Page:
Friday, February 15, 2013

create a volunteer organization

I read somewhere the other day that all organizations are volunteer organizations.  Everyone who works at our University makes a daily decision to wake up, get dressed, get in their car, and head to work.  They could choose not get up, not get dressed, not get in their car, and not head to work (there are days I might have wanted to choose that in my life).  While they get a regular paycheck - and while many of them need that paycheck to pay the bills and live their lives - the truth is that they are still choosing to come in every day and do the job to which they have been called.  In some ways I feel very fortunate that they choose to do that on a regular basis - and in other ways it scares the heck out of me that they might choose to stay in bed, not get dressed, not get in their car, and not head to work.  So what can I do to help keep the latter behavior from happening?

I spent seven years working in a large downtown church where most of my responsibilities included overseeing programs that depended on volunteers.  Running Vacation Bible School or Sunday School...directing a choir...organizing worship services...directing a single parents ministry.  All of them included hundreds of volunteers throughout a year's time.  People's livelihood did not depend on whether or not they showed up or kept volunteering year after year.And yet, for the most part, these people decided to wake up, get dressed, get in their car, and head to their volunteer position at the church.  Why?  Here are a few thoughts as to how that may have happened:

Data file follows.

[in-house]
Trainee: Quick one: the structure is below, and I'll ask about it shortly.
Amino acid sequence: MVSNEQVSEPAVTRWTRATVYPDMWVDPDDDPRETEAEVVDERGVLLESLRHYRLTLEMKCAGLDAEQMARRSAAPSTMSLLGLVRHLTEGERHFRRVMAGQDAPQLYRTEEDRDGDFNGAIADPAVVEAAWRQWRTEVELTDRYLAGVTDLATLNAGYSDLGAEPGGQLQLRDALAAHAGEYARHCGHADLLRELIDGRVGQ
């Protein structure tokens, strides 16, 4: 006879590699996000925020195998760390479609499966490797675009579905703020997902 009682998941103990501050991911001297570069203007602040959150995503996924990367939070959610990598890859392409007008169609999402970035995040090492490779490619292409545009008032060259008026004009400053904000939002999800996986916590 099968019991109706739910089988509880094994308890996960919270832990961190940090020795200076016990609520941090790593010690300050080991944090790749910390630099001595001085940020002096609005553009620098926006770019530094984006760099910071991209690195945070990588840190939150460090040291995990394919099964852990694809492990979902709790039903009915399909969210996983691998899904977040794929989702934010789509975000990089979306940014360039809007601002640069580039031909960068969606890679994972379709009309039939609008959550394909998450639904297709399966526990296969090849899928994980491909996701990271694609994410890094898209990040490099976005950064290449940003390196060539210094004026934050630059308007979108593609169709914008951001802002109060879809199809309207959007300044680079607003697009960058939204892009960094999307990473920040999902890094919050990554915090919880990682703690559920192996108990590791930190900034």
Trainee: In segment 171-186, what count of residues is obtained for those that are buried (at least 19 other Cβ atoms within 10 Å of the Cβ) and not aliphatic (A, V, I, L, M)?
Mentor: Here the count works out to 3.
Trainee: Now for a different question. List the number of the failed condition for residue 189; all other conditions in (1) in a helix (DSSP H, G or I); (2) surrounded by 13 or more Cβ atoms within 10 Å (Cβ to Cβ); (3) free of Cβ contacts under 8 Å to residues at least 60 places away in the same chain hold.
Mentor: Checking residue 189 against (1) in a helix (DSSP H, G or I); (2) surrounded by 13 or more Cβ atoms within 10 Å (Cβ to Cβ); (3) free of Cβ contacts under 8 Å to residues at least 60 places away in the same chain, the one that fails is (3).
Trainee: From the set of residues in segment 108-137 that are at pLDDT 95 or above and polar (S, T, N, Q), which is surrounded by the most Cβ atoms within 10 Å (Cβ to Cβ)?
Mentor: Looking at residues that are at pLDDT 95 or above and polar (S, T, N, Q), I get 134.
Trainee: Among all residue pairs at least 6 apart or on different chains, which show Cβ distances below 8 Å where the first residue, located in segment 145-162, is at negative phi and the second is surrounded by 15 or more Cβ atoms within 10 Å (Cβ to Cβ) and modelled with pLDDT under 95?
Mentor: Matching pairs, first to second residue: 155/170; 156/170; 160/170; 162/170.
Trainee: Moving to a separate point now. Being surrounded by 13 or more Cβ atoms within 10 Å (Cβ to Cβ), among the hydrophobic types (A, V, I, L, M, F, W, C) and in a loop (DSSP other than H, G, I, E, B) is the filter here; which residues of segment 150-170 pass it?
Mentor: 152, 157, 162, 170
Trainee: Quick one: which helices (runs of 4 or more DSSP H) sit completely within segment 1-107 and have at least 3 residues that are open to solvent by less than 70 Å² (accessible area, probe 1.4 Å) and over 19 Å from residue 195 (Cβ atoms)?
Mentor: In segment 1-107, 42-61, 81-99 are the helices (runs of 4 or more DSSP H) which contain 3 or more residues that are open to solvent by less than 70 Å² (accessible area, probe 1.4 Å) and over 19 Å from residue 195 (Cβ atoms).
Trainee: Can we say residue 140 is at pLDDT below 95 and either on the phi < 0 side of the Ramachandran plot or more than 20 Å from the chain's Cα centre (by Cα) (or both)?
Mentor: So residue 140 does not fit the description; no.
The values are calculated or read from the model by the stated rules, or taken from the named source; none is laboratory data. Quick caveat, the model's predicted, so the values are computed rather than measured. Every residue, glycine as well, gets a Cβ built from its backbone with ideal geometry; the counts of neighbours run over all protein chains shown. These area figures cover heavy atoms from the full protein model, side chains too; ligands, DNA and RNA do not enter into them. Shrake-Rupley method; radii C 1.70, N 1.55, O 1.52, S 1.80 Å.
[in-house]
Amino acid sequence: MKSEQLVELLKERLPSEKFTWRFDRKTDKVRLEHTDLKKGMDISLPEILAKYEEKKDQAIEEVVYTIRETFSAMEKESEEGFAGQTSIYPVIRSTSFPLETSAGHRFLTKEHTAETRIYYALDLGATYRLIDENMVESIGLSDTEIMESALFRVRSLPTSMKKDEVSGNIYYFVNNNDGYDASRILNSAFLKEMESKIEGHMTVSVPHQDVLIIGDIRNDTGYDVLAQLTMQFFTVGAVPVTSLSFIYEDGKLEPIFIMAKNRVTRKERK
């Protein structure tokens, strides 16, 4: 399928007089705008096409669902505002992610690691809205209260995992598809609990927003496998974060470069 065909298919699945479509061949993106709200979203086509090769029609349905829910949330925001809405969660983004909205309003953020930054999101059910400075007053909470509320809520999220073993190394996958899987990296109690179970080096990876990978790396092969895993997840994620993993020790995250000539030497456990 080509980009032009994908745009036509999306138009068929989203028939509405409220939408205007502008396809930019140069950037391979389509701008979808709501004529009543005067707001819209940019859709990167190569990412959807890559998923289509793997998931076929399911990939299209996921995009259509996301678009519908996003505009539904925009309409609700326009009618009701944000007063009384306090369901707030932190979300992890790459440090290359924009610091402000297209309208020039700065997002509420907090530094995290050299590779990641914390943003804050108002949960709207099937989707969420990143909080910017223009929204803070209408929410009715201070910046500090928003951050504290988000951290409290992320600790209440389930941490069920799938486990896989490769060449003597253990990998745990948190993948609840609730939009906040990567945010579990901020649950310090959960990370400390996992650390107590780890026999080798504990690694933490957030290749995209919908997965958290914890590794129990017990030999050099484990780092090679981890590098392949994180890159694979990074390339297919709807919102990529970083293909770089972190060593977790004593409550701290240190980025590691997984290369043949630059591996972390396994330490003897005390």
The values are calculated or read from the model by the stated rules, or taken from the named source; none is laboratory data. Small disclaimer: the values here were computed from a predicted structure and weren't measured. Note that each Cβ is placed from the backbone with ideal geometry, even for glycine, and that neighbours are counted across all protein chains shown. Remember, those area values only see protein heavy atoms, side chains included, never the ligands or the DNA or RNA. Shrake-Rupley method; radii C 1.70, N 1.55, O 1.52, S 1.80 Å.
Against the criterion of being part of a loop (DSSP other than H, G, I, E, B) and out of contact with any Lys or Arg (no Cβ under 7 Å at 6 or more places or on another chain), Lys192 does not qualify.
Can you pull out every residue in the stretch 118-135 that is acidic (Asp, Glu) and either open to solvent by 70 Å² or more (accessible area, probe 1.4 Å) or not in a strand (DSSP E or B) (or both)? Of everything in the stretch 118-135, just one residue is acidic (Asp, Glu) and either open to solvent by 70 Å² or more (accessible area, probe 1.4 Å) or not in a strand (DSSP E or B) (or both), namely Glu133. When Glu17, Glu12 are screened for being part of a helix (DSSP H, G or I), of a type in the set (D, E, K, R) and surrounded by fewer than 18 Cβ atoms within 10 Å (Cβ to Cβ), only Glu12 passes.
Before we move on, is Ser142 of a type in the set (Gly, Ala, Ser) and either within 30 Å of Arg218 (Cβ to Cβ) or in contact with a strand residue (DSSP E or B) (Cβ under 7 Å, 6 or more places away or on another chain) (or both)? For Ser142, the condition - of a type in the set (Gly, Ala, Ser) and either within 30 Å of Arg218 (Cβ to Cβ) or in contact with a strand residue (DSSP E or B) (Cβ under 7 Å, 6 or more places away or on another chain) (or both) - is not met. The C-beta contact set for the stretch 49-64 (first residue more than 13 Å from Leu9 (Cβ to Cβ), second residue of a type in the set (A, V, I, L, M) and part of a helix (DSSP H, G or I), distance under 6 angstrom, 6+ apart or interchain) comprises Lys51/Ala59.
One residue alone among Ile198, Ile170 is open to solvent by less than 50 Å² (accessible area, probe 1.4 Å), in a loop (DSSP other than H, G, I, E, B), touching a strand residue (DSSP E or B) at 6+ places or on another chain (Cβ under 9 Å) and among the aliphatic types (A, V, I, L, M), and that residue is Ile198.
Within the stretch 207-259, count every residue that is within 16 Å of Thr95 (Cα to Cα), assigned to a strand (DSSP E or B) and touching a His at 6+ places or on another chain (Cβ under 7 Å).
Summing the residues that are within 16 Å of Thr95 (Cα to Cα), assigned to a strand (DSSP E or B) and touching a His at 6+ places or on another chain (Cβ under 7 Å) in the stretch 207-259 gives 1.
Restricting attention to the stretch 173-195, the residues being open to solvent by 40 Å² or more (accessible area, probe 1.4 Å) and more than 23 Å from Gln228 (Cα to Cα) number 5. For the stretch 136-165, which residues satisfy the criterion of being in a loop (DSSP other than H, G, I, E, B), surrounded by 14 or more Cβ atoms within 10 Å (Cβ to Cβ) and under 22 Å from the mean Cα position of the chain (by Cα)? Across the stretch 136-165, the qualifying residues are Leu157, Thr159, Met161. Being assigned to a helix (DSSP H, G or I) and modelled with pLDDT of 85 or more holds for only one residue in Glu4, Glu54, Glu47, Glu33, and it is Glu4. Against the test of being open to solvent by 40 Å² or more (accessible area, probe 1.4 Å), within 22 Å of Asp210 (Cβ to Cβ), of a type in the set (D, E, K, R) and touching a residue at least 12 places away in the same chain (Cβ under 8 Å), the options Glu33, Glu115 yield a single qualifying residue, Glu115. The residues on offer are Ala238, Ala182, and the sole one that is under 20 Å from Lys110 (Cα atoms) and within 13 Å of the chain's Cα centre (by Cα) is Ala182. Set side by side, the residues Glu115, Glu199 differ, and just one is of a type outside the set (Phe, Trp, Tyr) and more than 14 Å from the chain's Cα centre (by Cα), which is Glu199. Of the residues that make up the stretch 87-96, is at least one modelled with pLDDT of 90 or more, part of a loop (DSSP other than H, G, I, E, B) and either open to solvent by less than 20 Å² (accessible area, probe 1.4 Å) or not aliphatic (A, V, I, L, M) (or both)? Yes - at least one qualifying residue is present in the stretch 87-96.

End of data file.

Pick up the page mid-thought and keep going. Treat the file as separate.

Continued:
• they found meaning in what they did
  • they believed that what they were doing was important
  • they were involved in creating what they were doing
  • they were finding friends and a sense of community
  • they saw what they did as a calling
  • they saw the results of what they did
  • they were thanked profusely for their extra time and energy
  • they were kept away form the politics and bureaucracy as much as possible
  • they were using their specific gifts and talents in their roles
  • they - and what they did - were held up as an integral part of the church
  • they were celebrated throughout the year
  • they were given breaks when needed
As I look around my organization today, I have to ask whether or not those who work here would feel the same way about their jobs.  What am I doing people find meaning in their work...remind people that what they do is important...involve people in the creation of the work they do...create a place that is fun and builds relationships...hold up people's jobs as true callings...provide evidence of results...thank people over and over again for their interference for people so they can do their work without hassles...put people in roles that magnify their gifts...tell others how integral these people are to the organization...celebrate the work that is done...give people a time and place to breathe and relax?

I have always loved working with volunteers - whether they receive a paycheck or not.  It is my goal that those who work with me will actually CHOOSE every day to get up, get dressed, get in their cars, and head to this place we call Concordia University Texas - and that the choice will be made not because they have to, but because they want to.

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